The right stuff: F-16s to Pakistan is wise decision
WASHINGTON — The negative chorus that has greeted the American decision to sell F-16s to Pakistan is off-key. From the criticism, it is clear that the importance of Pakistan to the long-term interests of the US, the West, and - perhaps less obviously - India, is still poorly understood.
Most observers assume that the decision was motivated by the US need for Pakistani cooperation in the war on terror. Critics emphasize that Pakistan remains a military government with a democratic facade, and that it hasn't been fully cooperative on other issues (notably A.Q. Khan and his nuclear proliferation network). We think America's longer-term interests in the region argue strongly for supporting the decision. Those interests start with Pakistan's geo-strategic and political importance. The second most populous Islamic country, situated next to democratic India, it is also a neighbor of Afghanistan and a gateway to Central Asia.
While we remain disappointed at the halting progress Pakistan has made toward democracy, we do know that it has been there before (albeit unsuccessfully), and probably has a better chance of getting there again in the next decade than many of the Islamic countries of the Middle East that have yet to make a first try.
As a stable Islamic democracy of 150 million people, Pakistan would be a political model in the Muslim world. However, a real democracy requires evolution toward a more "modern" society and the "enlightened moderation" that President Pervez Musharraf continues to advocate. On this, the president needs US help, too - on social development such as improving education and health, and on the political front to head off the religious parties seeking his removal because of his moderation and his cooperation on the war on terror.
A democratic, moderate, and modern Pakistan would be a better neighbor for India, one able to transform - if India were willing - the age-old hostile relationship into something mutually constructive.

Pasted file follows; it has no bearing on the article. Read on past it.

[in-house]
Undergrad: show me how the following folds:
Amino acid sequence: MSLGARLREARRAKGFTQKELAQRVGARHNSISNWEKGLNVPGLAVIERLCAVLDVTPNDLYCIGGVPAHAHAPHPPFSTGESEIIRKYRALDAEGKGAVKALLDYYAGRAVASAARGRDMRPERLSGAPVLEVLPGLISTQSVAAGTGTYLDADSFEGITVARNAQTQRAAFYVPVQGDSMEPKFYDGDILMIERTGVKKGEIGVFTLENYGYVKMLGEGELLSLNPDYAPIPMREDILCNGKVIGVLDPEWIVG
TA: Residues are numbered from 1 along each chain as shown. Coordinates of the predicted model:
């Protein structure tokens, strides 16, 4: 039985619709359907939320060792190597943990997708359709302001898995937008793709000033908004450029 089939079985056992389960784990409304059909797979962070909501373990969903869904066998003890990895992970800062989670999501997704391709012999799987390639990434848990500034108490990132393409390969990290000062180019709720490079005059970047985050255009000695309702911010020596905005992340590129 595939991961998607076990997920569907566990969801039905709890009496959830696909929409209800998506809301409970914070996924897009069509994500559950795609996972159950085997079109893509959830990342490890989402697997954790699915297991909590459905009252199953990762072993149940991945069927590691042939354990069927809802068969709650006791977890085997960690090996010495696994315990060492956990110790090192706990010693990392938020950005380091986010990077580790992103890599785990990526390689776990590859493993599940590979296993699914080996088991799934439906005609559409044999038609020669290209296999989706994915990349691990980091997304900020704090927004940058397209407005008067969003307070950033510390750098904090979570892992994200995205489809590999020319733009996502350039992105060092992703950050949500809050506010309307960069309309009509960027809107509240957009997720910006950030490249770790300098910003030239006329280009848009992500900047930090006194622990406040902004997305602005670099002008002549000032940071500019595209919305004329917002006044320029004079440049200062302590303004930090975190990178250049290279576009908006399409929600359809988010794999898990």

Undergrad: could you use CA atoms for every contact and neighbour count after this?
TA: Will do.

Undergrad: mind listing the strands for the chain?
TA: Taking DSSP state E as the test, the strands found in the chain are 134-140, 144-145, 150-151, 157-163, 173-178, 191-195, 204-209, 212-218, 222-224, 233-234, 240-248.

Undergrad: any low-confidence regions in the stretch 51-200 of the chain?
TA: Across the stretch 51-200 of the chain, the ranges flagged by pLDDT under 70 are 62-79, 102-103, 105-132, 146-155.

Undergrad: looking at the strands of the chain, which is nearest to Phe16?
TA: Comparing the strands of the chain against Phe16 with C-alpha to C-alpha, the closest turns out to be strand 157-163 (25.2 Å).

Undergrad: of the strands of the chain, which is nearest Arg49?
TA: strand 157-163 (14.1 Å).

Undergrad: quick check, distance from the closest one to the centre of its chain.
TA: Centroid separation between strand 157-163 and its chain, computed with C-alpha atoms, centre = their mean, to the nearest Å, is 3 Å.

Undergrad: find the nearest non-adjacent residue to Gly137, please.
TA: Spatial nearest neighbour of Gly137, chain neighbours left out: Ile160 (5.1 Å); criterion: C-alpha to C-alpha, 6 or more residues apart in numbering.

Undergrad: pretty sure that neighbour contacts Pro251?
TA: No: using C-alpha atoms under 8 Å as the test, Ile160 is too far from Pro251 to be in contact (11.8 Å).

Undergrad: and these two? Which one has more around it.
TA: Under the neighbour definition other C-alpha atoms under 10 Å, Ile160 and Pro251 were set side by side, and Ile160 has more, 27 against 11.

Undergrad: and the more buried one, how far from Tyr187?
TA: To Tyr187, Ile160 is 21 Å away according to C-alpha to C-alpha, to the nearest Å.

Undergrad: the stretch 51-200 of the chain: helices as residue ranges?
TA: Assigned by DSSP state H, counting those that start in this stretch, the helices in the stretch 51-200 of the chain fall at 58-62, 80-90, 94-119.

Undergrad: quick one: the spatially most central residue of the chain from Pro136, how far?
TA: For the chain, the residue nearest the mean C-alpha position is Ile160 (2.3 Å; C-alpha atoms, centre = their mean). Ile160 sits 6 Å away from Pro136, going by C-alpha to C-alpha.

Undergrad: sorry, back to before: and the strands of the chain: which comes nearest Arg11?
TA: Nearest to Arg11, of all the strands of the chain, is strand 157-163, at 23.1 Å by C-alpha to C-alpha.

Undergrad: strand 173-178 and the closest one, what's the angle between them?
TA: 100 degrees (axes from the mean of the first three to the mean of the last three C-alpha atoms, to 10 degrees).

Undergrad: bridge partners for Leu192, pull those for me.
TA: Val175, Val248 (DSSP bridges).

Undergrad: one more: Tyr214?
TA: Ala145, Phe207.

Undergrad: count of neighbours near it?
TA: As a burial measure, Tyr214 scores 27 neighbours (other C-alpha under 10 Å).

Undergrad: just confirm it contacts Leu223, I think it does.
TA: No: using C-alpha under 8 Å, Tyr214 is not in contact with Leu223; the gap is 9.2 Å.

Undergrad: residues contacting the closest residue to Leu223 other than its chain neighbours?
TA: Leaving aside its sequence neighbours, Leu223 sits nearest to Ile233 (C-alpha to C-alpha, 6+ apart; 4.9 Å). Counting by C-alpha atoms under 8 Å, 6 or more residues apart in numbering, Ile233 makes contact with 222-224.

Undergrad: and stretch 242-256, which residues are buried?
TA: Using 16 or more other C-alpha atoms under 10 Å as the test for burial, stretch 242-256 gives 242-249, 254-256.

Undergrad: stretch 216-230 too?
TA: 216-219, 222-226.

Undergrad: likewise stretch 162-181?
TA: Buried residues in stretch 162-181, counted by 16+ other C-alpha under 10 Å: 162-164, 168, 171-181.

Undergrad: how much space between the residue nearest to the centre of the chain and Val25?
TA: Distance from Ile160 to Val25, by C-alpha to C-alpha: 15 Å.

Critics may well ask, "Can't we bring this about without selling F-16s to Pakistan?" The answer probably is no, given the history of the US-Pakistani relationship, and the doubts that many Pakistanis harbor about American willingness and ability to sustain a relationship.
This is precisely why the sale of the F-16s is the sort of measure that serves US interests.
First, it helps mitigate the insult caused by the US's shoddy behavior over the F-16s in the 1990s: Taking money and not delivering the goods is bad business and even worse foreign policy. Doing because a nation develops a nuclear program - which Pakistan, India, and many other countries believe they have as much right to develop as the US does - was shaky as well. The US now accepts both as de facto nuclear states.
To make matters worse, it took the US until 1998 to refund the money Pakistan had paid for the planes and, even then, the US refunded $324.6 million of the $463.7 million claim and tried to fob off the rest with gifts in kind, like white wheat.
Second, the sale of the F-16s enhances US ability to influence Mr. Musharraf and his moderate line of governance in the longer term. It proves to the Pakistani military and public that Pakistan's cooperation with the US brings benefits, and that the US understands its security concerns. This in turn promotes trust, undermines anti-Americanism, and signals that the US has learned from the mistake of abandoning Pakistan in 1990 and is now interested in building a long-term relationship.
If used wisely, this enhanced influence may move Musharraf toward a more democratic sensibility, get the US more information on what A.Q. Khan sold to whom, and allow the US a little more persuasive leverage on Pakistan's slow and erratic rapprochement with India, including the hard bargains that have to be struck to settle the Kashmir dispute (with an equal amount of persuasive effort on India to make it face up to what will be necessary from its side).
Third, the longer-term view signaled by the F-16 sale allows the US to focus on other fundamental issues: economic reforms to encourage the greater regional trade and investment necessary for sustainable economic development; social progress through the spread of education, especially for women; and repeal of hudood laws - which are derived from Islamic law - and other obstructions to modernity.
The sale of F-16s in no way detracts from the economic assistance to which the US should remain committed, especially through targeted education programs, which transform society. Nor do planes that were meant to be delivered 15 years ago constitute a destabilizing factor. Rather, they address Pakistan's security concerns, rebuild trust, and signal America's long-term commitment - correctly designing policy on the basis of crucial US interests and the common interests that form the bedrock of any successful alliance.
• William B. Milam, a senior policy scholar at the Woodrow Wilson Center, was US ambassador to Pakistan from 1998 to 2001. Sarmila Bose is visiting associate professor of Asian studies and international affairs at George Washington University.